A driver was caught distracted behind the wheel nine times in the last four years, an investigation has found.
The unidentified person was one of 932 British drivers convicted of the offence more than once in the same time period, according to Driver and Vehicle Licensing Agency (DVLA) figures obtained by the PA news agency.
Some 27 drivers were caught between three and five times, 904 were caught twice and 90,057 were caught once, in statistics that have been described as “alarming” by road safety campaigners.
Drivers caught distracted at the wheel are given a CU80 driving offence - when a motorist uses a mobile or other communication device when driving - as well as three to six penalty points.
Jason Wakeford, head of campaigns at road safety charity Brake, said: “Driving is one of the most dangerous things we do on a daily basis, and requires full concentration to do so safely.
“It’s alarming to see repeat offenders, who have had ample opportunity to change their behaviour, still on the roads and putting other people at risk.
“We believe that drivers who regularly disregard the law should have their licences revoked. This would help save lives, prevent needless injuries, and send a clear signal that driving is a privilege and not a right.”
RAC road safety spokesperson, Simon Williams, said: “Using a handheld mobile phone at the wheel is illegal and dangerous and, like drink-driving, ruins lives.
“Sadly, these figures demonstrate that far too many drivers are still breaking the law and putting others on the road needlessly at risk.
“Worryingly, the RAC’s research shows that a quarter of drivers are still making or receiving calls with a handheld phone while driving, and incredibly a small but sizeable proportion even admit to filming videos or playing games at the wheel.”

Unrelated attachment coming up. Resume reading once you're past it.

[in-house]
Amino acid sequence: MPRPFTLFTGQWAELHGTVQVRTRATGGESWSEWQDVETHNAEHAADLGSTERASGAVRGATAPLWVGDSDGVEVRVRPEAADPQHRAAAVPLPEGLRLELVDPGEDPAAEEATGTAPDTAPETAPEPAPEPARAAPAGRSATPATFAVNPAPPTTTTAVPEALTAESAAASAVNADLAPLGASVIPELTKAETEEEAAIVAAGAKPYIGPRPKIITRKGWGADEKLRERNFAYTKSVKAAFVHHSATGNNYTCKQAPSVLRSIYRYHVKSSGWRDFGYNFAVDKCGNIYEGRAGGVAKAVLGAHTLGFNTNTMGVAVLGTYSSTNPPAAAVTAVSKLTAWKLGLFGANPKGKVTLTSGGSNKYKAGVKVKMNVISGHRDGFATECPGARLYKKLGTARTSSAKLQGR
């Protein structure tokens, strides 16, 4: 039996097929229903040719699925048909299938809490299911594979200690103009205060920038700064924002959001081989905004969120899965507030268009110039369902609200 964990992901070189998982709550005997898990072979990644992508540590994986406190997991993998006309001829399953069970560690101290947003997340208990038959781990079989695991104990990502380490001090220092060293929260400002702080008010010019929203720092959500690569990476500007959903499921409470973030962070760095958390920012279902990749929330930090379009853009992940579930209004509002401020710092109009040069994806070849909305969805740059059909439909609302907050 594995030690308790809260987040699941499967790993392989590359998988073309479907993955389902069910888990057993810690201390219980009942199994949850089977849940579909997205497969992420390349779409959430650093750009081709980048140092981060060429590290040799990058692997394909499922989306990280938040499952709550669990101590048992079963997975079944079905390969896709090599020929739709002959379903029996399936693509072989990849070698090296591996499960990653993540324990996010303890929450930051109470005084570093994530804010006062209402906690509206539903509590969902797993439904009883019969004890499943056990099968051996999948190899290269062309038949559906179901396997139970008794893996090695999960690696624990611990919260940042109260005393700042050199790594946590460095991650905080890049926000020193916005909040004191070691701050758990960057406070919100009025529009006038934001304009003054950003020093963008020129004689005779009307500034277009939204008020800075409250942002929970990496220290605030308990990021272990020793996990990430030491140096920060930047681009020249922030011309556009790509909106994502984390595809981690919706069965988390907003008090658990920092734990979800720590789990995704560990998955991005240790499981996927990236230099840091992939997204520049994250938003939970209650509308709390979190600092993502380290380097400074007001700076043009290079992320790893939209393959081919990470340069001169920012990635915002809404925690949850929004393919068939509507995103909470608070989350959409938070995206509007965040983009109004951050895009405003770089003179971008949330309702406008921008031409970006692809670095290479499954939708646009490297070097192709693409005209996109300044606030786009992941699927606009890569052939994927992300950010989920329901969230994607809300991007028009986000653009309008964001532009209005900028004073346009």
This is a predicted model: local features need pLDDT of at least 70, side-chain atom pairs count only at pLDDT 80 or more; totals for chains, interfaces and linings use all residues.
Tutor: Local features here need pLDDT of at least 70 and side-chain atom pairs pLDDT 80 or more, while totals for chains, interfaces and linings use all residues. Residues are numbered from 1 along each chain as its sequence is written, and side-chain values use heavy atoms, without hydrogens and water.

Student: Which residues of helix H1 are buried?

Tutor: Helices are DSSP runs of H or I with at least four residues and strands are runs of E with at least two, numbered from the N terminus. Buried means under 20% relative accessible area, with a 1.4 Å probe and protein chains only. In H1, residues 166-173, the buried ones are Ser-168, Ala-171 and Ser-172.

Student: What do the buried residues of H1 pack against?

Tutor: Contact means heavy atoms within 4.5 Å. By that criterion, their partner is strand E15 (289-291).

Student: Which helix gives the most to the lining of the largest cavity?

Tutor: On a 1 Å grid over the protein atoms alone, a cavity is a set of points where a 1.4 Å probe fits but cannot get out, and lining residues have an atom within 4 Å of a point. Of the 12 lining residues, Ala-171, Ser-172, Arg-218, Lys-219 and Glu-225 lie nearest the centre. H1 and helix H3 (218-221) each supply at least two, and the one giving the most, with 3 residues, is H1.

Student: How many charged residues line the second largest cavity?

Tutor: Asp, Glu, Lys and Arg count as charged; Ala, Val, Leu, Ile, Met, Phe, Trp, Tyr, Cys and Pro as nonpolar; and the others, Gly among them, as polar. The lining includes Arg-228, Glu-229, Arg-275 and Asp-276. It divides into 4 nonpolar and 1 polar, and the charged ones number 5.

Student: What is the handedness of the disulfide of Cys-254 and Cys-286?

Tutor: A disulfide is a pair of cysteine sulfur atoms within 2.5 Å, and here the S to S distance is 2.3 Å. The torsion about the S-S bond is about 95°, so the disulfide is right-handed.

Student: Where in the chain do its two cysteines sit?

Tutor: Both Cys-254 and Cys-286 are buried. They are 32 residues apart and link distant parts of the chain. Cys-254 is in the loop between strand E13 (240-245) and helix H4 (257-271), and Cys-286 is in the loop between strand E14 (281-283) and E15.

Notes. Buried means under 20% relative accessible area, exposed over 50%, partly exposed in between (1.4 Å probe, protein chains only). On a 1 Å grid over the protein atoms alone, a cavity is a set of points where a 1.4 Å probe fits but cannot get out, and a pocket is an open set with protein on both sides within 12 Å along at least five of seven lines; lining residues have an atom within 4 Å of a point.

Most drivers who acquire 12 or more points on their licence are disqualified for at least six months.
But, it is up to a court whether to make such decisions, which can be influenced by if the motorist can prove extenuating circumstances or if a ban would cause significant financial hardship.
The DVLA said just 506 of the 90,989 motorists with CU80s were disqualified because of it, but it is not clear whether the man with nine CU80s was among those banned from driving.
Statistics from the Department for Transport say 17 people were killed and 114 were seriously injured in crashes on Britain’s roads in 2020 involving a driver using a mobile phone, with more than one in six being pedestrians or a cyclists.
Mr Boardman, a policy adviser at governing body British Cycling, said: “Using a phone while driving is not a mistake, it is a choice, and one that is resulting in needless death and life-changing injury.
“If people feel it’s okay to text or phone while driving then surely it’s time to start taking these selfish, dangerous drivers off the road permanently.”
Under current laws in the UK, drivers are banned from texting and making phone calls with handheld devices, other than in an emergency and stricter rules prohibiting people from taking photos or videos, scrolling through playlists or playing games on their phones when driving will be introduced next year.
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